Monday, February 8, 2010

Trading Strategy Before You Begin To Trade The Forex

If you are a newcomer to the world of currency trading then, before you make your first trade, you must develop a trading strategy. The foreign currency market is one of the most lucrative and exciting markets in the world, but it is also very fast moving and, while you can make emormous profits, you can also make sizeable if you do not have a very clearly defined game plan.

There are numerous different Forex day trading strategies which you can adopt and you must develop a strategy that suits you. Ultimately, exactly what sort of strategy you adopt is largely immaterial but, what is important, is that you pick a strategy before you start trading.

A lot of traders nowadays choose to base their strategy on a technical approach to trading while others choose to follow a fundamental approach. Both approaches are fine but the successful traders know that the true secret is to be found in not selecting one or the other but in combining the two.

Technical analysis holds that prices follow trends and that markets demonstrate clearly identifiable patterns which you can recognize as long as you know what you are looking for. experience and knowledge play an important role in technical analysis but here it is a case of experience and knowledge of not only the patterns in the market but of working with the barrage of tools which are available today to the technical analyst.

A lot of traders and technical analysts like to make use of what are referred to as support and resistance levels. Here a support price is a low price to which a currency repeatedly returns, in effect marking the bottom of the market or the price that supports the market. A resistance price by contrast is a high price which a currency reaches at times but above which it resists rising.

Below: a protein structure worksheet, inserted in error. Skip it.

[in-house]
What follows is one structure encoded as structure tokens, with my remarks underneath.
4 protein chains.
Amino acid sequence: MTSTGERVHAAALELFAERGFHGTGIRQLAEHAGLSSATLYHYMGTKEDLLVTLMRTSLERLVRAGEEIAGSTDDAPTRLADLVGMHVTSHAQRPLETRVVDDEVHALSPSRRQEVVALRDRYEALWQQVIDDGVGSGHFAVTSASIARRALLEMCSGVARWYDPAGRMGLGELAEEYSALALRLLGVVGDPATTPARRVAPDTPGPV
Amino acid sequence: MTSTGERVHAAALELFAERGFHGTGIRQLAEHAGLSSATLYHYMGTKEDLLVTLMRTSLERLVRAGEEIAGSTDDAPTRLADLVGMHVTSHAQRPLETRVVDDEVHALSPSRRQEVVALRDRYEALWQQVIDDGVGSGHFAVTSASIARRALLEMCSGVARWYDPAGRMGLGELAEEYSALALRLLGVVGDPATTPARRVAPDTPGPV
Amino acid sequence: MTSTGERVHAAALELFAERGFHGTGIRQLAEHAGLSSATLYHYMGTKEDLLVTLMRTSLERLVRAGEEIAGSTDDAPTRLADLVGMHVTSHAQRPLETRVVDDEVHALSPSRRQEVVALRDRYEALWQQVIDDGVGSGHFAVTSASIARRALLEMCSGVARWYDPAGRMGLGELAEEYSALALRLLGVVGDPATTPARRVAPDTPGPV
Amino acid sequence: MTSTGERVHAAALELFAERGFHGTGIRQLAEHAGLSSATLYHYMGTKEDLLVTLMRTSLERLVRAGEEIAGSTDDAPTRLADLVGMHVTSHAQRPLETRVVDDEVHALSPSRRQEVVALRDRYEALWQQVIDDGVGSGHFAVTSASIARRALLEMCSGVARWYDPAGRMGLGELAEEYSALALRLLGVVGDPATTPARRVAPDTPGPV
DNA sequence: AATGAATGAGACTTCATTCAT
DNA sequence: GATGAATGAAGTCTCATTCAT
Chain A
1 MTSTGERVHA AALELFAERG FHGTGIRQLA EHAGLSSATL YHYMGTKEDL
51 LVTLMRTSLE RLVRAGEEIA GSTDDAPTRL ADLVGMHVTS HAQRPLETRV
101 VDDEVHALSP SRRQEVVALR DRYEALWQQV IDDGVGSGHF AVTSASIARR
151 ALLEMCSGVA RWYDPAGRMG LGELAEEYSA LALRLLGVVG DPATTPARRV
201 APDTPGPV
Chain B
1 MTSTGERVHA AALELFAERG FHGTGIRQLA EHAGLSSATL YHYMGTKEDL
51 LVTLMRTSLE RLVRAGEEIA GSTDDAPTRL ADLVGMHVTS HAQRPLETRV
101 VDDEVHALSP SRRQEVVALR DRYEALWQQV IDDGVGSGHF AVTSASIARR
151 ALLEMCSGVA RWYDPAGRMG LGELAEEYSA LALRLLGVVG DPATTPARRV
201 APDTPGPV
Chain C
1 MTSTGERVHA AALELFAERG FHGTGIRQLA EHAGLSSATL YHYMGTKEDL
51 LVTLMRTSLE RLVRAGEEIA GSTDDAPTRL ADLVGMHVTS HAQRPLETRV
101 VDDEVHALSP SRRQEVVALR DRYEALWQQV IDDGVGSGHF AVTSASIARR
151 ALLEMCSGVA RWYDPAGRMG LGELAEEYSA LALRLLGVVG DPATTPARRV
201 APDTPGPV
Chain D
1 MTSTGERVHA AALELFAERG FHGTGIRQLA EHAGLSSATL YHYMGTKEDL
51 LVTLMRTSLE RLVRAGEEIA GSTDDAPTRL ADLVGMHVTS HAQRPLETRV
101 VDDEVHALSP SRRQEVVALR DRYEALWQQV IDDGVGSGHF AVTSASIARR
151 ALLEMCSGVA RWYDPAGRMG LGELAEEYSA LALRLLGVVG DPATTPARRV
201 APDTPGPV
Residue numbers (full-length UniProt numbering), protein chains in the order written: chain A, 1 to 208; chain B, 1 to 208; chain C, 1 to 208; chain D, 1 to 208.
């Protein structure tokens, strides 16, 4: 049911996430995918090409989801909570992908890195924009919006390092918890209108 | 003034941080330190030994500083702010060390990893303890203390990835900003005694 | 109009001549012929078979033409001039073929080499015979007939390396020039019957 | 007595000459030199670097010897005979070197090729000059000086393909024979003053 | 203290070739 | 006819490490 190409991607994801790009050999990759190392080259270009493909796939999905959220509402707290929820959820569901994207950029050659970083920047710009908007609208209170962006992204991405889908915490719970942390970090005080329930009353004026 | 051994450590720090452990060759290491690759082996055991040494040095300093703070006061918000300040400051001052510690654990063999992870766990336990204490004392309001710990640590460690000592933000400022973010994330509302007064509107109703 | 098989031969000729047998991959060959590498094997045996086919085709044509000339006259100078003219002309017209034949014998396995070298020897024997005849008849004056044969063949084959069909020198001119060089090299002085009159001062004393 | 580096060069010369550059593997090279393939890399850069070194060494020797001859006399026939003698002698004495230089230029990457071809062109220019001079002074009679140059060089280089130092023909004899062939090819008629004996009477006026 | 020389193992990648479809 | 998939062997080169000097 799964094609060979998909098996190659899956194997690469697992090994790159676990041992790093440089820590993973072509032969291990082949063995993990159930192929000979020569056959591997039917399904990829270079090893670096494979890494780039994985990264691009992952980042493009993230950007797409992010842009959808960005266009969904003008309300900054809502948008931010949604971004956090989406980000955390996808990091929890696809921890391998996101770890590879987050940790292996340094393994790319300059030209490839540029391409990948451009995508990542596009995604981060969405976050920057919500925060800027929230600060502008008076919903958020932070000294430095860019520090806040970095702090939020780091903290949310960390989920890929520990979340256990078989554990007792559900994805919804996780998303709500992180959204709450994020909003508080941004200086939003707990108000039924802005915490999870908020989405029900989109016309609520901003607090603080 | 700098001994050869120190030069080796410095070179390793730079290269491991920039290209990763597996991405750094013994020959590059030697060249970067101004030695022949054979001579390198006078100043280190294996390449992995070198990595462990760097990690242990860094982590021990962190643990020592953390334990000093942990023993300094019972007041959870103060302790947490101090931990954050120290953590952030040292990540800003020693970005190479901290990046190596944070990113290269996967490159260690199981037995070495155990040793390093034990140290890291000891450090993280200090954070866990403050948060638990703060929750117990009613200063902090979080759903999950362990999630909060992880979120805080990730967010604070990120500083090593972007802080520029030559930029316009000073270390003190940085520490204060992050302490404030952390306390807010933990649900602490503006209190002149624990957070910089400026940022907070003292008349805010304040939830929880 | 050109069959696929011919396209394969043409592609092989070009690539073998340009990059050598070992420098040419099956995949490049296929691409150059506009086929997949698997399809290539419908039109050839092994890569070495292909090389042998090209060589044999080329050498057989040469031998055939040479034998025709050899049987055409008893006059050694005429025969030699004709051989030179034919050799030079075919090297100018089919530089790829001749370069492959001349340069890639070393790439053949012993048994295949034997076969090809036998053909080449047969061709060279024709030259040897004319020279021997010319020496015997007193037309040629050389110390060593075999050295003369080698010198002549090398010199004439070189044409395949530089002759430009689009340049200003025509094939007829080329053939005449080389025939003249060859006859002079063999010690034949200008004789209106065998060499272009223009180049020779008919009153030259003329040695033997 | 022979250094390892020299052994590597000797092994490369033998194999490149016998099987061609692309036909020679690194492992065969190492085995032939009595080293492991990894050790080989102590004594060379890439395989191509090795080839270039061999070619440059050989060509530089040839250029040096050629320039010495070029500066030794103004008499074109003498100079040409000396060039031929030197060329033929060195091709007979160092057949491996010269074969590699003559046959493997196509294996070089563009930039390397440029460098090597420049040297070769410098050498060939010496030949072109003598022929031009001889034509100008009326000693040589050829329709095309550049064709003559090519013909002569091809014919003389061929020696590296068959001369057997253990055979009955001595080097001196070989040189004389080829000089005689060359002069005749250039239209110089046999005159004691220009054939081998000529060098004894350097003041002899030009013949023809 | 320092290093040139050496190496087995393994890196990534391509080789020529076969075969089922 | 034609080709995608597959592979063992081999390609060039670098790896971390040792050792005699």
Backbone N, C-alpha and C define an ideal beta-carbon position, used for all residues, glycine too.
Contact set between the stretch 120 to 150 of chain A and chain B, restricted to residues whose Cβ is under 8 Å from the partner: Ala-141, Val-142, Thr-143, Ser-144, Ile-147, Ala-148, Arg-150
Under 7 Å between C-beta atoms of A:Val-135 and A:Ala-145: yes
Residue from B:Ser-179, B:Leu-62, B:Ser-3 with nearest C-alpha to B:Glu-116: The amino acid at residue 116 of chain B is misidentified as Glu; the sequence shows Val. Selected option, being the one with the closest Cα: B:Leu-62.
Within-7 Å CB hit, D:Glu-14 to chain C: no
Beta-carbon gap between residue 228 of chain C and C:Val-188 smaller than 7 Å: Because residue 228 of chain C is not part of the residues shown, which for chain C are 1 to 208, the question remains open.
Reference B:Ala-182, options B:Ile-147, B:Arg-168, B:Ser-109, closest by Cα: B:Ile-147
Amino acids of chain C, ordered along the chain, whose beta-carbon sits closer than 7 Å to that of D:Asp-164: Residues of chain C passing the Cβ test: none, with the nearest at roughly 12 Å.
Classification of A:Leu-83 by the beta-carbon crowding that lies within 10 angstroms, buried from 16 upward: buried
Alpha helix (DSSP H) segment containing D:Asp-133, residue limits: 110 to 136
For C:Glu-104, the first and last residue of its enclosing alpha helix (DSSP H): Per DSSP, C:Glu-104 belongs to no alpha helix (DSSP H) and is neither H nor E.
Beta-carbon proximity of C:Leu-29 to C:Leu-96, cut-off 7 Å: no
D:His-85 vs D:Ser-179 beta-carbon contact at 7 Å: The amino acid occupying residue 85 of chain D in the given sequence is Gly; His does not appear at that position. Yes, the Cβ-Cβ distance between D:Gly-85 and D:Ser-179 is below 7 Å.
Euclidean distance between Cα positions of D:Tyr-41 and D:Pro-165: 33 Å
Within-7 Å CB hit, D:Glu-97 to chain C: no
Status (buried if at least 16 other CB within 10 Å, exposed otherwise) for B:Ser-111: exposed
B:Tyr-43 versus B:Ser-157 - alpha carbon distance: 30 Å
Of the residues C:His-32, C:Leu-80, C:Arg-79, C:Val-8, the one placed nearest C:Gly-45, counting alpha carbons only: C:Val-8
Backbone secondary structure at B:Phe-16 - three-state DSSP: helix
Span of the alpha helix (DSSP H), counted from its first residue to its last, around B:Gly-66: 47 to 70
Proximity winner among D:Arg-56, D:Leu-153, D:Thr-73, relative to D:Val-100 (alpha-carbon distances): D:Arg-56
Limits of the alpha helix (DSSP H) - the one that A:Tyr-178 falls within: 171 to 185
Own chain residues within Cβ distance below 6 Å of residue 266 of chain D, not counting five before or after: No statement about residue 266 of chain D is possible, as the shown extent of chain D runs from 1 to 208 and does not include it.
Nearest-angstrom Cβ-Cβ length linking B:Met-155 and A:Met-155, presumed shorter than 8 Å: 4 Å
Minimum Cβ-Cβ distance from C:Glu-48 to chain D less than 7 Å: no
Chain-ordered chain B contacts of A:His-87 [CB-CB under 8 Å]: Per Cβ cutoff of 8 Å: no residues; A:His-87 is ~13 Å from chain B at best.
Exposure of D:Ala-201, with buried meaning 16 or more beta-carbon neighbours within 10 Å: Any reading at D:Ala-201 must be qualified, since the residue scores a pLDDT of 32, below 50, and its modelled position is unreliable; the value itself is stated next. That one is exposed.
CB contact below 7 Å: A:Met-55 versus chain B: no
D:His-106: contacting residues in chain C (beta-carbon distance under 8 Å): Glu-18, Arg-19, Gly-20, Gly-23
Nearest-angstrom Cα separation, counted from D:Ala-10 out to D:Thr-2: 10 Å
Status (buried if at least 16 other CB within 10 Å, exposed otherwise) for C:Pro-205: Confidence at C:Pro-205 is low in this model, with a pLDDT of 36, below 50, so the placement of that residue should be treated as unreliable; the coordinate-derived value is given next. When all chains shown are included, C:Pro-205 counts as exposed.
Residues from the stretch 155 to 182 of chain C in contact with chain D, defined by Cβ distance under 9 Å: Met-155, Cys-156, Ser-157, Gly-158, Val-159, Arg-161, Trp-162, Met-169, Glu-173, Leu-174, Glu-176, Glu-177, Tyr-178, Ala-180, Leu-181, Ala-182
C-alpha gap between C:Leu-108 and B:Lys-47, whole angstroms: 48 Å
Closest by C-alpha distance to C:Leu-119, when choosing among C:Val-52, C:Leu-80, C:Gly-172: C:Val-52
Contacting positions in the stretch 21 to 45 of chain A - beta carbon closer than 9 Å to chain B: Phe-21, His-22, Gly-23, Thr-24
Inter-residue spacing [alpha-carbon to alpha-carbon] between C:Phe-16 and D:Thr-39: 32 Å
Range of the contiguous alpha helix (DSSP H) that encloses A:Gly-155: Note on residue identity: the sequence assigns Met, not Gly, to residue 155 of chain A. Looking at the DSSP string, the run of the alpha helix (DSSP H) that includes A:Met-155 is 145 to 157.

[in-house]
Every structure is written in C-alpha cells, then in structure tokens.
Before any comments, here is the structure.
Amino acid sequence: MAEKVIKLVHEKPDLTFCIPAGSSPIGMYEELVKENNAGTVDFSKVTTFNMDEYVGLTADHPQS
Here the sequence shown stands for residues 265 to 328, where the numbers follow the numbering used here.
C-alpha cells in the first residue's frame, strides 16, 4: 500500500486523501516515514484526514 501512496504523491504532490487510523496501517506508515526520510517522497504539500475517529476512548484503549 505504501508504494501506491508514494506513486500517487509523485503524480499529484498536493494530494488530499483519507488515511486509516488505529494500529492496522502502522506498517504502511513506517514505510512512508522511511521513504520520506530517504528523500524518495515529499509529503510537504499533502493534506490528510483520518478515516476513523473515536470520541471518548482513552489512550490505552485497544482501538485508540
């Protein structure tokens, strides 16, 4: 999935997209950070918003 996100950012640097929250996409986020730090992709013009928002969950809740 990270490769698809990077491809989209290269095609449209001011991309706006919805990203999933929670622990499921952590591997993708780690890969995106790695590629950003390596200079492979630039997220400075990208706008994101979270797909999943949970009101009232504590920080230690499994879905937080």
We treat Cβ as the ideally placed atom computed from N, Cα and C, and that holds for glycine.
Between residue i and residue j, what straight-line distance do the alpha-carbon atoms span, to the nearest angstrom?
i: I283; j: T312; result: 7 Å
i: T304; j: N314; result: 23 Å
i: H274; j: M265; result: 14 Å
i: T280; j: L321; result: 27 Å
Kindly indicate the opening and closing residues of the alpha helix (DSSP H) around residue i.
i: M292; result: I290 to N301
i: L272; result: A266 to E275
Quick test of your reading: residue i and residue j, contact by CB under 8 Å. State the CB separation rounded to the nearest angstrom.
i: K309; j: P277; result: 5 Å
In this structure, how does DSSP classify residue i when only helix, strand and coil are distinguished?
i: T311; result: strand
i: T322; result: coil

These two levels are seen as significant because once the price of a currency falls below its support level it will commonly continue to fall and, similarly, once the price exceeds its resistance level it will continue to rise.

Traders also frequently make use of moving averages which depict the average price of a currency over a specific period of time within a longer period of time. This is very helpful for eliminating short term price fluctuations and producing a clearer picture of currency price movements over time.

These of course are only two of the tools available to Forex traders who choose to adopt a technical approach and there is a wide range of far more complex and powerful tools available today.

As well as technical analysis, a lot of traders also have a string belief in fundamental analysis which holds that currencies move in response to a wide range of factors including political events, changes in trade agreements and trading patterns, economic numbers, employment figures, interest rates and much more.

Fundamental analysis is a complex area which requires a great deal of experience and knowledge to master, which is probably one reason why many new traders are drawn to technical analysis and tend to make use of fundamental analysis to a limited degree at first while they gain the knowledge and skills needed to put it to work effectively.

Fundamental and technical analyses of course are not in themselves trading strategies but provide the base on which you have to build your strategy. Your starting point must be to pick the foundation on which you are going to analyze the market and thus make your trading decisions. Having done this you then need to look closely at the mechanics of your trading and it is detailing just how you intend to trade which forms your Forex trading strategy.